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The best anvil weight for a beginner

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Hi, I am starting out and I need advice on what size anvil I should get. I have a small 15 pounder and a railroad track that I am eventually going to make into an anvil once I get a torch. In the meantime what is the best size/weight for a beginner blacksmith?

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Steve, he might use a cutting torch to fashion a horn or other such features. Sure it is not required, but It would make for a nicer anvil. 

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I can guess too, that why I asked him. As for needing a  horn?  make a mandril, mass hammer the face, ot  turn it on end. a torch is not a smooth cut.

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I would say the heaviest anvil you can afford.  I would agree that you should just use the rail road track on end if at all.

 

Link removed at the request of Anvilfire.

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Most anything with a mass of 50 to 100 pounds or heavier can make a serviceable anvil. Heavier the better. If you get a great deal on a wrecking ball, counter weight for a crane, etc, grab it and drag it home.  It is the heavy mass that makes it an anvil.  Look for other items with positive and negative curves as they will become your swage blocks.  

 

Add your location to your profile and we can assist finding an anvil near your location. Look up your local blacksmithing group and attend the meetings. They have the knowledge you need on both metalworking and safety.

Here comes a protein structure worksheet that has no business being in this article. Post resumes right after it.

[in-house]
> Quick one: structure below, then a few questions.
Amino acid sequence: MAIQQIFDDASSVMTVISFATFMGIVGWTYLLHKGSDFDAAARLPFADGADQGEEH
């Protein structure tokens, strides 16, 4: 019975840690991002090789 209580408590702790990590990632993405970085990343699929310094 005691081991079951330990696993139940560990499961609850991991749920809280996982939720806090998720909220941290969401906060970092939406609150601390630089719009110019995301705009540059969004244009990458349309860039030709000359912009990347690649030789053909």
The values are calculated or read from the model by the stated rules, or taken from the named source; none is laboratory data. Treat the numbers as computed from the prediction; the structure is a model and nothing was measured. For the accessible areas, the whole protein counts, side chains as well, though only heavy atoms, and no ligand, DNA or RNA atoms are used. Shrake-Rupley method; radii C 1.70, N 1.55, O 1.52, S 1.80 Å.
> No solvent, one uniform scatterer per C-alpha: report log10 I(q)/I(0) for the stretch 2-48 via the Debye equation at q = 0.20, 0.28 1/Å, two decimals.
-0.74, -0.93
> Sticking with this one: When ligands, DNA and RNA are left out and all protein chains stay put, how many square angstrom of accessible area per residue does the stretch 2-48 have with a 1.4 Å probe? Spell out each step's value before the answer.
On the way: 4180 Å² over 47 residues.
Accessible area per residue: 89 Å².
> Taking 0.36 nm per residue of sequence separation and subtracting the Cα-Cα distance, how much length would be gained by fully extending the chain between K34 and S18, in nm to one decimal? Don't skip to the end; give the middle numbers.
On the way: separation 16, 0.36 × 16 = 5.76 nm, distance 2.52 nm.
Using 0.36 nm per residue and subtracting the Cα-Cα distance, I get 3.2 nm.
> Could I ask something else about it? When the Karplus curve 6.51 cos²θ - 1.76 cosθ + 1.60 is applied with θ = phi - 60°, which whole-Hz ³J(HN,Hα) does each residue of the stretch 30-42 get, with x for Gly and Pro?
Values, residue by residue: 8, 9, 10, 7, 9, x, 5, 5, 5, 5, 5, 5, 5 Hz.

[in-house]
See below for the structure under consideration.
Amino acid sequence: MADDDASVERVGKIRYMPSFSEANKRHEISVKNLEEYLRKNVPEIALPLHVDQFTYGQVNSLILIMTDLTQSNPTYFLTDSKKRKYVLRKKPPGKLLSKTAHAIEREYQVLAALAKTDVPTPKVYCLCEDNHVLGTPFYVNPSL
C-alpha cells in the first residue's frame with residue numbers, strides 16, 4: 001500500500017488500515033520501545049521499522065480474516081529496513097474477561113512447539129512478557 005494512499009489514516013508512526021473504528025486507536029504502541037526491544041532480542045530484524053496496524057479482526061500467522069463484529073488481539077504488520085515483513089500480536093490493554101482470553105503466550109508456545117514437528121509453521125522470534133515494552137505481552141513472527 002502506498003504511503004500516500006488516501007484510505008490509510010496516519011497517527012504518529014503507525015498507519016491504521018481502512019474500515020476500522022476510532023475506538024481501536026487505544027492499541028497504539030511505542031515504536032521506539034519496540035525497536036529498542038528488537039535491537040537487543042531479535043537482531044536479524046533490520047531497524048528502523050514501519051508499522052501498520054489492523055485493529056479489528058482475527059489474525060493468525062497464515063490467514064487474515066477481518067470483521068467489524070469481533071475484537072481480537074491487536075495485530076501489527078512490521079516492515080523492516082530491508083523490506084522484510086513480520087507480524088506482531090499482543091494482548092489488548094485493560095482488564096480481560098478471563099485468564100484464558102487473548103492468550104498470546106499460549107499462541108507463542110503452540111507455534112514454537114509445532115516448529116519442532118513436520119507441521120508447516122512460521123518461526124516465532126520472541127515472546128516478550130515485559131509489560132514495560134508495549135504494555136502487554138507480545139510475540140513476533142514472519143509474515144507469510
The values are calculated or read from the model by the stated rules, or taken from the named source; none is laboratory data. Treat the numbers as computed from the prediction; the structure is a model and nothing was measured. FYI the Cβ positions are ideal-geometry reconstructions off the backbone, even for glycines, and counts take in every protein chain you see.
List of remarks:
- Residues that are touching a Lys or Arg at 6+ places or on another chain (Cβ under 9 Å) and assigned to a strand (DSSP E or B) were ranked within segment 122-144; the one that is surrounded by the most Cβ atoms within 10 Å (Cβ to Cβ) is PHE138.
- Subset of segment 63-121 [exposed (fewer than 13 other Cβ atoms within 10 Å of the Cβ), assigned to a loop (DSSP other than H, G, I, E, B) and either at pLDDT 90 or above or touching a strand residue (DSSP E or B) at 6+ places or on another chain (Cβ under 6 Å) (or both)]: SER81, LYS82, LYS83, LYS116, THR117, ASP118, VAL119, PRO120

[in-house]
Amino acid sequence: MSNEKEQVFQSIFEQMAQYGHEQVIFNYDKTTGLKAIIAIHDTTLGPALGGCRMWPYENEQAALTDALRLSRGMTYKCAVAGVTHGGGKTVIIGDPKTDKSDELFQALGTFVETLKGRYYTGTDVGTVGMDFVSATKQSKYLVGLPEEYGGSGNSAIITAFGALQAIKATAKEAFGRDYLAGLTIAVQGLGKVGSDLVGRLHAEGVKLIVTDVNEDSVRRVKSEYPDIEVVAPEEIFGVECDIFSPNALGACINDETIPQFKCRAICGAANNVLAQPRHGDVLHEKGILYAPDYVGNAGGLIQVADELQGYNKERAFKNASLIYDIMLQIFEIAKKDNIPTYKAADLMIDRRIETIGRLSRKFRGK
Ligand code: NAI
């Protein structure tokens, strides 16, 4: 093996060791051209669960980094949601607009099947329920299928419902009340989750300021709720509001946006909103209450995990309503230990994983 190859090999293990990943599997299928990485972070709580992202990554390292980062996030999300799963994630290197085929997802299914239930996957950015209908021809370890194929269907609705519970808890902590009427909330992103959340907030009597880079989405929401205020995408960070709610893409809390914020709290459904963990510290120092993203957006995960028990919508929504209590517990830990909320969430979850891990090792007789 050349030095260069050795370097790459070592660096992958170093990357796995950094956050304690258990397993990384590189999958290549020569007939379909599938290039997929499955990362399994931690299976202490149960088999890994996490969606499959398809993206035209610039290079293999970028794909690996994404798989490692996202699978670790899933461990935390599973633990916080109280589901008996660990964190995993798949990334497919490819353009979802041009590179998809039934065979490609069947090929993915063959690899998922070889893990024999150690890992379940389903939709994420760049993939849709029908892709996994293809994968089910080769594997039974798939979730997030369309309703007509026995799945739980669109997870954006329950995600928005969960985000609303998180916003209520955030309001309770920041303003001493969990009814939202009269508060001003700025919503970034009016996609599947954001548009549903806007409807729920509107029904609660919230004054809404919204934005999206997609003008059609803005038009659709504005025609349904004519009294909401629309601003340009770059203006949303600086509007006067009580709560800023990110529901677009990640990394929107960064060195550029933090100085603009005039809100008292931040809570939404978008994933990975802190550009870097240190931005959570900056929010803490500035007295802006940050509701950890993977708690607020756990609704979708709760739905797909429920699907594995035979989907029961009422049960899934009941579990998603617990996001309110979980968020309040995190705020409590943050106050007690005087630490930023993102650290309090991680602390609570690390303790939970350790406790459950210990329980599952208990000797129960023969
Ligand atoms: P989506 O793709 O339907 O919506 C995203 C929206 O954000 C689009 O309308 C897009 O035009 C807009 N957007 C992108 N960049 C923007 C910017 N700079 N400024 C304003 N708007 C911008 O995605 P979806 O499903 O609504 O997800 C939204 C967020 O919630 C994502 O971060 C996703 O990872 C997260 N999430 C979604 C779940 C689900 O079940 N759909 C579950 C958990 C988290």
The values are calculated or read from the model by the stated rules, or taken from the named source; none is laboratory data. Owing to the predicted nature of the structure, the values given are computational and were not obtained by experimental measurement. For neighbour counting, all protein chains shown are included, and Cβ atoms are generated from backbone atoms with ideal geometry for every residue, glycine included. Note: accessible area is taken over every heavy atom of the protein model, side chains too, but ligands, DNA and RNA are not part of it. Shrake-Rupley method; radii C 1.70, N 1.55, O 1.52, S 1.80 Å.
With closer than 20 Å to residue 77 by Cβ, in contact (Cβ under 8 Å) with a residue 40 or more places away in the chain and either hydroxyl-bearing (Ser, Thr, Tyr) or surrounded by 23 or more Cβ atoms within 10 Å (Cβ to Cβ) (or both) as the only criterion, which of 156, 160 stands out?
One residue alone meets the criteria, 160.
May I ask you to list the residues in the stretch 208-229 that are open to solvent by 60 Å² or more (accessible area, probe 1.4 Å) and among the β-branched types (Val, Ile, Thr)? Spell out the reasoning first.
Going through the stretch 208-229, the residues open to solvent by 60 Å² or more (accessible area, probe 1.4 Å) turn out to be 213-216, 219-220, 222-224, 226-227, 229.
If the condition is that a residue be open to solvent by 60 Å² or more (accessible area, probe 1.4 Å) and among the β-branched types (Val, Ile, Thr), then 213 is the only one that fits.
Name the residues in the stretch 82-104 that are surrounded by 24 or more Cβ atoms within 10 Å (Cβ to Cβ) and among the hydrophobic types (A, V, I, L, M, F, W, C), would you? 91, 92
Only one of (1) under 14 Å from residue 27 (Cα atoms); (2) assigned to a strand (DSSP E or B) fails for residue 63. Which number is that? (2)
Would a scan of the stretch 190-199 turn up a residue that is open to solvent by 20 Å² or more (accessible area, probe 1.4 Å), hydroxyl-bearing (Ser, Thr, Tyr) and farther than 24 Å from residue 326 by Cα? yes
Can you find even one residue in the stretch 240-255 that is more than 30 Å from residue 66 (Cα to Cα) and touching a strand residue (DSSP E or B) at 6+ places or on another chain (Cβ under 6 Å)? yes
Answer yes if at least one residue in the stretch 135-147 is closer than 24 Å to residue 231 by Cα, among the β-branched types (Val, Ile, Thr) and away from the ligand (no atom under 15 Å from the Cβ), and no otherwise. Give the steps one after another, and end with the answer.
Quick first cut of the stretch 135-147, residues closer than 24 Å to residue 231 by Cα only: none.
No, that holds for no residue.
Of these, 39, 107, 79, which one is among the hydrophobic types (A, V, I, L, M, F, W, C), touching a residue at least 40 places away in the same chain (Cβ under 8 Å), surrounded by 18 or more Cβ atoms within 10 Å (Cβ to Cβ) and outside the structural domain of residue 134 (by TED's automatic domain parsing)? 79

Look at the thread *What size anvil do you use the most?*

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I'd say that 75-125 pounds is a good range for a beginner---easy enough to transport but still enough weight to do "real" work on.  If you can find a large anvil at a real deal then jump on it!

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Welcome aboard, glad to have you.

 

You can get away with almost anything that outweighs your hammer by a goodly margin. I've done work at Ren fairs on a sledge hammer head, RR rail is good for an anvil without bothering with trying to make a horn on it.

 

Torching it will impart carbon in the heat effect zone and heat shock it HARD, you'll end up wearing out a couple few grinding disks cleaning it up. Standing it on end in a bucket of cement makes for an effective anvil you can move without trouble. The length needs to be right so you get the forging surface correct. With a little grinder work you can make a number of useful tools from the flange and web edges. The web is the thicker so it's dandy for a small radius fuller and one section of the flange can be sharpened for a hot cut while another can be sharpened as a butcher.

 

Striking horizontally you can use the areas where the web meets the rail or flange as swadges and straighten down the flange. Striking horizontally isn't as difficult as it may seem, like everything about the craft, practice is what puts the polish on the knowledge.

 

Frosty The Lucky.

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I wouldn't pass up any anvil you can afford.

My very first anvil was 26lbs. I wasn't doing major work on it but it was fine to begin with.

Anything in the 100-150lb region will serve you very well for as long as you need.

Andy

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As the others have stated any good piece of steel with some mass will suffice as an anvil. I started out on a piece of RR track about 3 feet long stood on its end with a stump under it to bring it to height. It worked well but I had to get creative using the track itself as a swage and what not, I outgrew it quickly.

 

Until the anvil finds a permanent home something from 100-150lb would be the best. Build a nice solid stand for it and it's capable of being hauled out to the forging area from where you store it. Built a solid wood stand for mine out of 2x12 planks and forged some hooks and staples to hang tongs and hammers from so I can tote it around on a dolly wherever I need to go with it.

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